Two weeks ago I started a serialized essay on Latin America’s middle class that will appear every other week on the AQ blog. As I wrote at the time, Latin America’s middle class has received a lot of attention of late, including worry about its size, praise and high expectations for its growth and debate about its future. It’s also sparked a fair amount of speculation by businesses about its market potential.
But as I wrote two weeks ago, Latin America’s middle class is much more heterogeneous and, quite frankly, poorer and marginalized than many of us in developed countries would believe. In the last post, I talked about the definition of the middle class. In this one I talk about access to banking. And not to give away the punch line: it’s lower than you think. In later ones I’ll talk about wage security, education, access to health care, access to insurance, quality of housing, levels of satisfaction, and support for democracy. But more about this in subsequent posts.
Now it’s about the integration of Latin America’s middle class into the formal banking/financial system.
Consider this: according to an article that appeared in The New York Times on August 18, 2009, in New York City (notice how as a resident now I capitalize City as if to give it special meaning. Why I don’t know.) “in the world’s banking capital, 12 percent of households do not have a bank account” compared with 8 percent nationally.
That’s in New York and is a statistic that transcends socioeconomic groups—upper class, middle class and the poor.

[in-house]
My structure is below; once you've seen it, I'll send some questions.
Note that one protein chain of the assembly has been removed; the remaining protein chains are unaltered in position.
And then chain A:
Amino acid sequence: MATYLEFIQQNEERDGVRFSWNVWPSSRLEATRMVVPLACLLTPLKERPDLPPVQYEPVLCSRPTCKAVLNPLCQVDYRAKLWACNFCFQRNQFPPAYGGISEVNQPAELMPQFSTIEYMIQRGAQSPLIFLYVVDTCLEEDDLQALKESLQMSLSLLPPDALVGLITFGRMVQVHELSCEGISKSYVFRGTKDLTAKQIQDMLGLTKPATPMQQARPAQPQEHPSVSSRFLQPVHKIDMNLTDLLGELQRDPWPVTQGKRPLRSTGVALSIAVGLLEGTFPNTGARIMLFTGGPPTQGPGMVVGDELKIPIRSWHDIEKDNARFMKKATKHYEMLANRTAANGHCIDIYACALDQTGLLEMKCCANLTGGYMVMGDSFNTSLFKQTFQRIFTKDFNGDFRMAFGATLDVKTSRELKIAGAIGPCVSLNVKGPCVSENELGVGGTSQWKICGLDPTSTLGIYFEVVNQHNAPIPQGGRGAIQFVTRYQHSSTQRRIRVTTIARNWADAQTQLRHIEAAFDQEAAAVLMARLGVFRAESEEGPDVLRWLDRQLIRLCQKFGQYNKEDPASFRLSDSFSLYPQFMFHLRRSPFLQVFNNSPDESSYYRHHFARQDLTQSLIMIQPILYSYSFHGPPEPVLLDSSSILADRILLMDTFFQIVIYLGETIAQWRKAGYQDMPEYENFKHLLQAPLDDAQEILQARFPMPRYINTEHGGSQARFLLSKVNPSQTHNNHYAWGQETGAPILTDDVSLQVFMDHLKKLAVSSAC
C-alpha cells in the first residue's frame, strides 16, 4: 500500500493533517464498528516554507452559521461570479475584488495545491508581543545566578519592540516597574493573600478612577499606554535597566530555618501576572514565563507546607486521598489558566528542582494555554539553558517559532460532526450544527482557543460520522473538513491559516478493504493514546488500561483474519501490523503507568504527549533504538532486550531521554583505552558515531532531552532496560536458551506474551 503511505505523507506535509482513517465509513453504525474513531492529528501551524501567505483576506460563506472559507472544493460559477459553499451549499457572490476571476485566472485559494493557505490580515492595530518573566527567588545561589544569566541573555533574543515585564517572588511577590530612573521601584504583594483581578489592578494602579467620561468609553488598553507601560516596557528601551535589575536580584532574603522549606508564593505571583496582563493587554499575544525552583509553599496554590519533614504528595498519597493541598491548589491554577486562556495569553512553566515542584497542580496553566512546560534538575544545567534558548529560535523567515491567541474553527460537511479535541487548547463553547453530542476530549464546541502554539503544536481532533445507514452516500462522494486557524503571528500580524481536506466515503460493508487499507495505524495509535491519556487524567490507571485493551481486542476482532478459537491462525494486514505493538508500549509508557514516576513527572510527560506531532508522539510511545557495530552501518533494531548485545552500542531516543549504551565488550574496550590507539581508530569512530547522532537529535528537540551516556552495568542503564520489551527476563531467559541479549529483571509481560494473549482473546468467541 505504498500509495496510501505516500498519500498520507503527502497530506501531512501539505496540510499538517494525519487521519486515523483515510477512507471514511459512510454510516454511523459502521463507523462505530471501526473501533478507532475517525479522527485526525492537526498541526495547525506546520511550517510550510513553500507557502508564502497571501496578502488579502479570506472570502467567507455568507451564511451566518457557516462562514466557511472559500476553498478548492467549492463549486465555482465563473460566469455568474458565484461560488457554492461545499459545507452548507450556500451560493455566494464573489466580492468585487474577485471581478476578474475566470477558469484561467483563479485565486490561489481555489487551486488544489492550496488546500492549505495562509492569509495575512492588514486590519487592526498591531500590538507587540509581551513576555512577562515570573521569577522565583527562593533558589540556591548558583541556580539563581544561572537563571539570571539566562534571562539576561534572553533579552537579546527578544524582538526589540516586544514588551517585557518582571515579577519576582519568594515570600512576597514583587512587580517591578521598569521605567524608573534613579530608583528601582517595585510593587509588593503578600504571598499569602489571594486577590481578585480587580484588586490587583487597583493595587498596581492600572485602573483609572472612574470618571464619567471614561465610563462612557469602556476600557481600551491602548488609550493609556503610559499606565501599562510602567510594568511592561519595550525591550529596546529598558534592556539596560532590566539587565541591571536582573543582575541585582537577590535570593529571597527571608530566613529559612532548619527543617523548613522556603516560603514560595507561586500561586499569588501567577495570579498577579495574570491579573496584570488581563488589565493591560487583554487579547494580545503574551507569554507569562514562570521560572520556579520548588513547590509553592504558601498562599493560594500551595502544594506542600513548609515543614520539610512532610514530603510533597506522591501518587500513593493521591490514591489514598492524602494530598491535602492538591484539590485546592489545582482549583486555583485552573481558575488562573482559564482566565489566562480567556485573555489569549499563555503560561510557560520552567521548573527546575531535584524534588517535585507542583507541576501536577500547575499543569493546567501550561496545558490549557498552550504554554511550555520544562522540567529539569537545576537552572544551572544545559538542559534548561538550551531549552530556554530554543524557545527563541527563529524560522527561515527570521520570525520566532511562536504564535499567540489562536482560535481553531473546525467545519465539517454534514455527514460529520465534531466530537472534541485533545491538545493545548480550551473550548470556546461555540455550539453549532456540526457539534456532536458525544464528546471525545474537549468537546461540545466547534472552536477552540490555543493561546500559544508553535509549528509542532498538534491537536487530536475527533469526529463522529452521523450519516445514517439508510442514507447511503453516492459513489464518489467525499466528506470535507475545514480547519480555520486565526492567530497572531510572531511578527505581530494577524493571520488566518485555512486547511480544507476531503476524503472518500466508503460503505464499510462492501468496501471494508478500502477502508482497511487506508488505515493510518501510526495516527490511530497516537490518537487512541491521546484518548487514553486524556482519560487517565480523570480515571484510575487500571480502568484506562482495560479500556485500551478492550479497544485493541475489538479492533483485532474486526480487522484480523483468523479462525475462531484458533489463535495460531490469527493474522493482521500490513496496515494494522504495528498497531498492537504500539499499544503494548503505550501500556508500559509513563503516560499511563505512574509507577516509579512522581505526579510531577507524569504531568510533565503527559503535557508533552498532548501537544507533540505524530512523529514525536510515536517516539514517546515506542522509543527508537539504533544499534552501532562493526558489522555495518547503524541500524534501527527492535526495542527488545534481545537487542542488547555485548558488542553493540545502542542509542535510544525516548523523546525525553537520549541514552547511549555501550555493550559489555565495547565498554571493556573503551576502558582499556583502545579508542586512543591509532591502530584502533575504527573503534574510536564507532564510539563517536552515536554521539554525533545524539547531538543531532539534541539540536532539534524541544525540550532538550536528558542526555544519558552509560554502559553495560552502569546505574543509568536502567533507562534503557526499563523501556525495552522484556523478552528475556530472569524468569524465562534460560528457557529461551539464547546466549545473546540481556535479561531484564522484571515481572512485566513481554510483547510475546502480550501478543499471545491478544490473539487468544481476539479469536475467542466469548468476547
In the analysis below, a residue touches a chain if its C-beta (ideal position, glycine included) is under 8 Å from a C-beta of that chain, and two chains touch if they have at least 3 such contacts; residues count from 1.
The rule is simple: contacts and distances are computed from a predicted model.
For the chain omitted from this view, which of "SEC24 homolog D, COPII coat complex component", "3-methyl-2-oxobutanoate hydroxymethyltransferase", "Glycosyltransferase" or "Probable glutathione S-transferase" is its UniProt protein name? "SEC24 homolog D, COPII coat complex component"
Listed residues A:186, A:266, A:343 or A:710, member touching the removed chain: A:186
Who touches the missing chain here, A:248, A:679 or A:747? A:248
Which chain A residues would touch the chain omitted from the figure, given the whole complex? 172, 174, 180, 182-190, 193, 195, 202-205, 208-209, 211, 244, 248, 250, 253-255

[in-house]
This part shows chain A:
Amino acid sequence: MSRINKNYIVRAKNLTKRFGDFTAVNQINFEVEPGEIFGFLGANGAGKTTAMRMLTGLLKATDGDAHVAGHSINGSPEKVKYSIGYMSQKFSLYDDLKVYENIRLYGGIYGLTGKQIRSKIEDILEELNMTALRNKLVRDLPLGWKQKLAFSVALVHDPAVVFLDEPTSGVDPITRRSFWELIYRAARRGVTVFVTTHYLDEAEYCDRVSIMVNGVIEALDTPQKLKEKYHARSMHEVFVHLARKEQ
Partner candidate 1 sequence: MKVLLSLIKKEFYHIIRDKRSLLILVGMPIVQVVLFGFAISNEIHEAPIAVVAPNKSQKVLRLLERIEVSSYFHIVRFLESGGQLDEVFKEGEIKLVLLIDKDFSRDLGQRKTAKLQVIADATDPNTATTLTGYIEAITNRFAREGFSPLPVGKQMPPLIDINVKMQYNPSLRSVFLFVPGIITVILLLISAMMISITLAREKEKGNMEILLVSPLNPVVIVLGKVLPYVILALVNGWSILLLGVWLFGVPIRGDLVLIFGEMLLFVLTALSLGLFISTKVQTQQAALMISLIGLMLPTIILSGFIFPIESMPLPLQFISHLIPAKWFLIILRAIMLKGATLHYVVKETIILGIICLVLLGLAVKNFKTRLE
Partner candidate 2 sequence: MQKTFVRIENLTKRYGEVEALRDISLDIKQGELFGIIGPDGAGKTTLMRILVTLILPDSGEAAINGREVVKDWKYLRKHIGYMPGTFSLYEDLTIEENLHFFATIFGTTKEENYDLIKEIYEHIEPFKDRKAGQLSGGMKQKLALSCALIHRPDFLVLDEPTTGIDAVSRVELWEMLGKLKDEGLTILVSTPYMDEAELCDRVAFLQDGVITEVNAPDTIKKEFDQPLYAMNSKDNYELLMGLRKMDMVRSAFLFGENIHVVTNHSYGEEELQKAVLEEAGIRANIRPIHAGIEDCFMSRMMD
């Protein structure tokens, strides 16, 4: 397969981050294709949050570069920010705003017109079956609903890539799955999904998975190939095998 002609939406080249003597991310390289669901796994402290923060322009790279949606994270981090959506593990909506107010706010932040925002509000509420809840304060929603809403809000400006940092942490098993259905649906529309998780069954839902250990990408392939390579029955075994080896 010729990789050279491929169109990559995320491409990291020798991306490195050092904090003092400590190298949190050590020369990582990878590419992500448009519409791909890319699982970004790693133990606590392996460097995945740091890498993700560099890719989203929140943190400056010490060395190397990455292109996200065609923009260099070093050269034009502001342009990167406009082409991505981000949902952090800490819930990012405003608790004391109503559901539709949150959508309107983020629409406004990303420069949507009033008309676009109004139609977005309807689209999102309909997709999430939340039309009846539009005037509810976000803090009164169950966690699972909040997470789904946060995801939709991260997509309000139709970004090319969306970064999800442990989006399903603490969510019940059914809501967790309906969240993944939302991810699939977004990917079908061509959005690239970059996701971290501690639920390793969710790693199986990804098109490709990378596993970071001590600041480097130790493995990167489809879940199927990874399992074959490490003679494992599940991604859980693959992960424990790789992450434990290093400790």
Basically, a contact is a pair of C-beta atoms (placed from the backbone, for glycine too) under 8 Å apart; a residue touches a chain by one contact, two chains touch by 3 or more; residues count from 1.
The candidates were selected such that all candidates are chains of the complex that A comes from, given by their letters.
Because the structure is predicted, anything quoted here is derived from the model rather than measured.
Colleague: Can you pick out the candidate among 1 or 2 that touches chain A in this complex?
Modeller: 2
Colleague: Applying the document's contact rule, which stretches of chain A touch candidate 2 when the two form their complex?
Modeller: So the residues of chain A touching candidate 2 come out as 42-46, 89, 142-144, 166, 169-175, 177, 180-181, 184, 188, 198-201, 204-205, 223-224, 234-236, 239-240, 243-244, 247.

Consider this: in Latin America, in Mexico, for example, the middle class’s access to formal credit averaged just over 20 percent (in other words, just under 80 percent of the Mexican middle class did not have access to formal credit sources—banks, credit agencies, credit cards, etc.). And in Peru under 18 percent had access to savings accounts.
While the U.S. shouldn’t necessarily be the basis of comparison (though it is for many of us subconsciously) look at the numbers: 88 percent of the total population in New York City are banked; only just over 20 percent of the urban middle class of the Peruvian and Mexican middle classes have access to formal banking structures.
What Banerjee and Duflo did was look at household surveys from 13 developing countries. By defining the middle class through consumption patterns (those with a per capita consumption level of $2 to $10 per day and then dividing it between those who consume between $2 and $4 and between $6 and $10 they look at consumption—rather than income) they and make comparisons between levels of the middle class. In Latin America they draw on household survey data from Guatemala, Mexico, Nicaragua, Panama, and Peru.